Saturday Night in the Tomb of the Boy King


I stared at my popcorn ceiling
lit by the jangle under the door,
imagined the snowcapped Ural Mountains
tunneled by bearded Russians,
dancing red from ice and vodka,
juggling knives and strangling accordions.

I traced the pothook crack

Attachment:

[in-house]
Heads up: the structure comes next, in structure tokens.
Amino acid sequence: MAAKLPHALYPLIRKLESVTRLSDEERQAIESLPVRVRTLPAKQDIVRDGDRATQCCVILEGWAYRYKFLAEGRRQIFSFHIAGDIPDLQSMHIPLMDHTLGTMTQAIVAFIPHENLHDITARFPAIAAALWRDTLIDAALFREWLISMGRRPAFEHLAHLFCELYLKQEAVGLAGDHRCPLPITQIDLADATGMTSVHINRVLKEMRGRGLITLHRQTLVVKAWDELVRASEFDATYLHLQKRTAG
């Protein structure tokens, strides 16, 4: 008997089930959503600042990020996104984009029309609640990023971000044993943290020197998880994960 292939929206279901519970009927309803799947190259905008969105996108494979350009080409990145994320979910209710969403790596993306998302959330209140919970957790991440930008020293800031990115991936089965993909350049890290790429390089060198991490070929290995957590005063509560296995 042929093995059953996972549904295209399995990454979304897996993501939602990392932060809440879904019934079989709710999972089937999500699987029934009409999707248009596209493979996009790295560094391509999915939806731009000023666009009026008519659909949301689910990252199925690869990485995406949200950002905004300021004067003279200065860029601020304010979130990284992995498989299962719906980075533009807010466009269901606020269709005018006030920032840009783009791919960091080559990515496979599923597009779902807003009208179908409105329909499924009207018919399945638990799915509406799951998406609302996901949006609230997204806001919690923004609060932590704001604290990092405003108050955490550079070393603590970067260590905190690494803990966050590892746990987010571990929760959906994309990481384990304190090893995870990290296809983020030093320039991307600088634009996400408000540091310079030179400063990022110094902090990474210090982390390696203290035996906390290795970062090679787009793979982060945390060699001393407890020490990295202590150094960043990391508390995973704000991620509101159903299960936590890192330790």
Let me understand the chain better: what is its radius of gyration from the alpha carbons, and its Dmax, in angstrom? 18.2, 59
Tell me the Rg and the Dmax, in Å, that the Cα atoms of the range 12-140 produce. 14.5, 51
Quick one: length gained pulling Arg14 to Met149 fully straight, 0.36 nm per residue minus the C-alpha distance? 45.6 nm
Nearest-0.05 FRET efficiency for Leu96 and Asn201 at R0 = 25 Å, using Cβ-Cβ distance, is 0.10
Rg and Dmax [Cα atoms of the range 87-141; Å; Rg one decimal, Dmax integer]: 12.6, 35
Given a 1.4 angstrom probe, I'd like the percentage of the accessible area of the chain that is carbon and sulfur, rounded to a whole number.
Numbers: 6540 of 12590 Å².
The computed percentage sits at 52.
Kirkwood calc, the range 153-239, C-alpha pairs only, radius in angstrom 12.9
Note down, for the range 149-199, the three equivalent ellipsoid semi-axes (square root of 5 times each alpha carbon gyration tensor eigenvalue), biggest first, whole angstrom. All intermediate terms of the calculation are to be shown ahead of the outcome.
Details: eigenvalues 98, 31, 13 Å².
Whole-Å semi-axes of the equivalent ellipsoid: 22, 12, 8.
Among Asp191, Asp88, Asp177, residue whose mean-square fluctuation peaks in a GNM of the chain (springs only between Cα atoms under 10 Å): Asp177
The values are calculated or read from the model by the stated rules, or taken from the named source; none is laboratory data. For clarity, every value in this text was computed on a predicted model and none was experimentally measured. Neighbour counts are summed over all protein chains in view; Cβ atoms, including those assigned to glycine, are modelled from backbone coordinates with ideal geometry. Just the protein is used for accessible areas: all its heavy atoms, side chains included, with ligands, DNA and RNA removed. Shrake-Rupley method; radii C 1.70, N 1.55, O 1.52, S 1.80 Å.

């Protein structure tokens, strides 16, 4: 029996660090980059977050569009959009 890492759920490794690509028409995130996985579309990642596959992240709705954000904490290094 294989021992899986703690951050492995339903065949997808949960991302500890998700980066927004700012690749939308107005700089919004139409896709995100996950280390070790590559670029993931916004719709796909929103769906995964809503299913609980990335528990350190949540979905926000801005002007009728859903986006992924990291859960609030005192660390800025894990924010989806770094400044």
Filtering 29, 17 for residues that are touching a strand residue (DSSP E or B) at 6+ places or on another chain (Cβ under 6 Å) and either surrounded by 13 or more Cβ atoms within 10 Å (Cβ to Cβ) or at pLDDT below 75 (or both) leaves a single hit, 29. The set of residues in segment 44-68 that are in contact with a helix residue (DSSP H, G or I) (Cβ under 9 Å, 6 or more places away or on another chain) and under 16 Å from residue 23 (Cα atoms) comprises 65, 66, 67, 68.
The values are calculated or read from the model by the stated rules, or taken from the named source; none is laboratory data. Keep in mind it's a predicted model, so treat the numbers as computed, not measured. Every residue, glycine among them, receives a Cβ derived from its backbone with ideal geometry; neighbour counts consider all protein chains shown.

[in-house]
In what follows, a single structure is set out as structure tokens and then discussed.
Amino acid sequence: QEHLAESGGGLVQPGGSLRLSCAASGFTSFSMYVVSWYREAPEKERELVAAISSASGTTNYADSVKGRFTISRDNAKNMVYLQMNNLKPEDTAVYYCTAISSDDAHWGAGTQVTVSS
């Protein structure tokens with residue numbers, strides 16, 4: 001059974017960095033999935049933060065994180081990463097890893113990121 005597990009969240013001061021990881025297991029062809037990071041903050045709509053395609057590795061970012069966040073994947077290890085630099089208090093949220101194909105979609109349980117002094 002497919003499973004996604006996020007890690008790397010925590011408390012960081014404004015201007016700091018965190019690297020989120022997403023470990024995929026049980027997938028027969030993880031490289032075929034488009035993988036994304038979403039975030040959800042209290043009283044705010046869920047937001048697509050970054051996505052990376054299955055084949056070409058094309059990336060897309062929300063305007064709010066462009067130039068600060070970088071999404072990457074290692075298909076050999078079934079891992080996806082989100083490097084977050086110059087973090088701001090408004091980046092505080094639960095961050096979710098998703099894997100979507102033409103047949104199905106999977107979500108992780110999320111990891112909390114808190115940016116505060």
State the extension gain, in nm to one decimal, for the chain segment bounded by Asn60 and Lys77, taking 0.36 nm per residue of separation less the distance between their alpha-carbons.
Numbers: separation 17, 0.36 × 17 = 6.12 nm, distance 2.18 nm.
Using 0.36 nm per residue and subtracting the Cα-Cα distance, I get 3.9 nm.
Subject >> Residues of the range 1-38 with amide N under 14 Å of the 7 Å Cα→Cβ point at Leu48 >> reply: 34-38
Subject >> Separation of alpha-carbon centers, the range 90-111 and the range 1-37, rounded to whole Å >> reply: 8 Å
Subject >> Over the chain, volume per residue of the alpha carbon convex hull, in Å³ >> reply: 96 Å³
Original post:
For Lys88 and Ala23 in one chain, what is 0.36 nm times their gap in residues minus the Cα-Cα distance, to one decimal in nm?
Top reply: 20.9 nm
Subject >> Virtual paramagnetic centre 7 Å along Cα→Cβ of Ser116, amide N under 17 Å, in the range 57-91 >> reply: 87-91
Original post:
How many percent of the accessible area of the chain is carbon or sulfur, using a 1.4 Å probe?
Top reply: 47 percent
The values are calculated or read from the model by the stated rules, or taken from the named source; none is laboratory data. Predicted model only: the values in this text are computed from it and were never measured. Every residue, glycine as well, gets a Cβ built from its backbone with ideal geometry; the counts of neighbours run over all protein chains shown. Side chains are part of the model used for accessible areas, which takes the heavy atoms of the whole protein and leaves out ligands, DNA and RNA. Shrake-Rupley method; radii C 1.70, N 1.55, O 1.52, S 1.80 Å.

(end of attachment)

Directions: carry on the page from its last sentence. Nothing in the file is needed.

of the fallen statues
and trumpet-vine pagodas
on the watery road to Mandalay
with temple domes above the palms
and a sky of gilded wine.

Heard the caps and bottles,
bone drums and cymbals of Sandwich Isles,
smelled the poppies and cloves that Marco wore
in Dadu, led a prayer in the runic smoke
on the mast of a Norse lord’s funeral.

The headlights shrunk through the blinds,
and I became the bandaged, dead boy king,
dug up from a mound of amulets
and sand after three thousand years of waiting.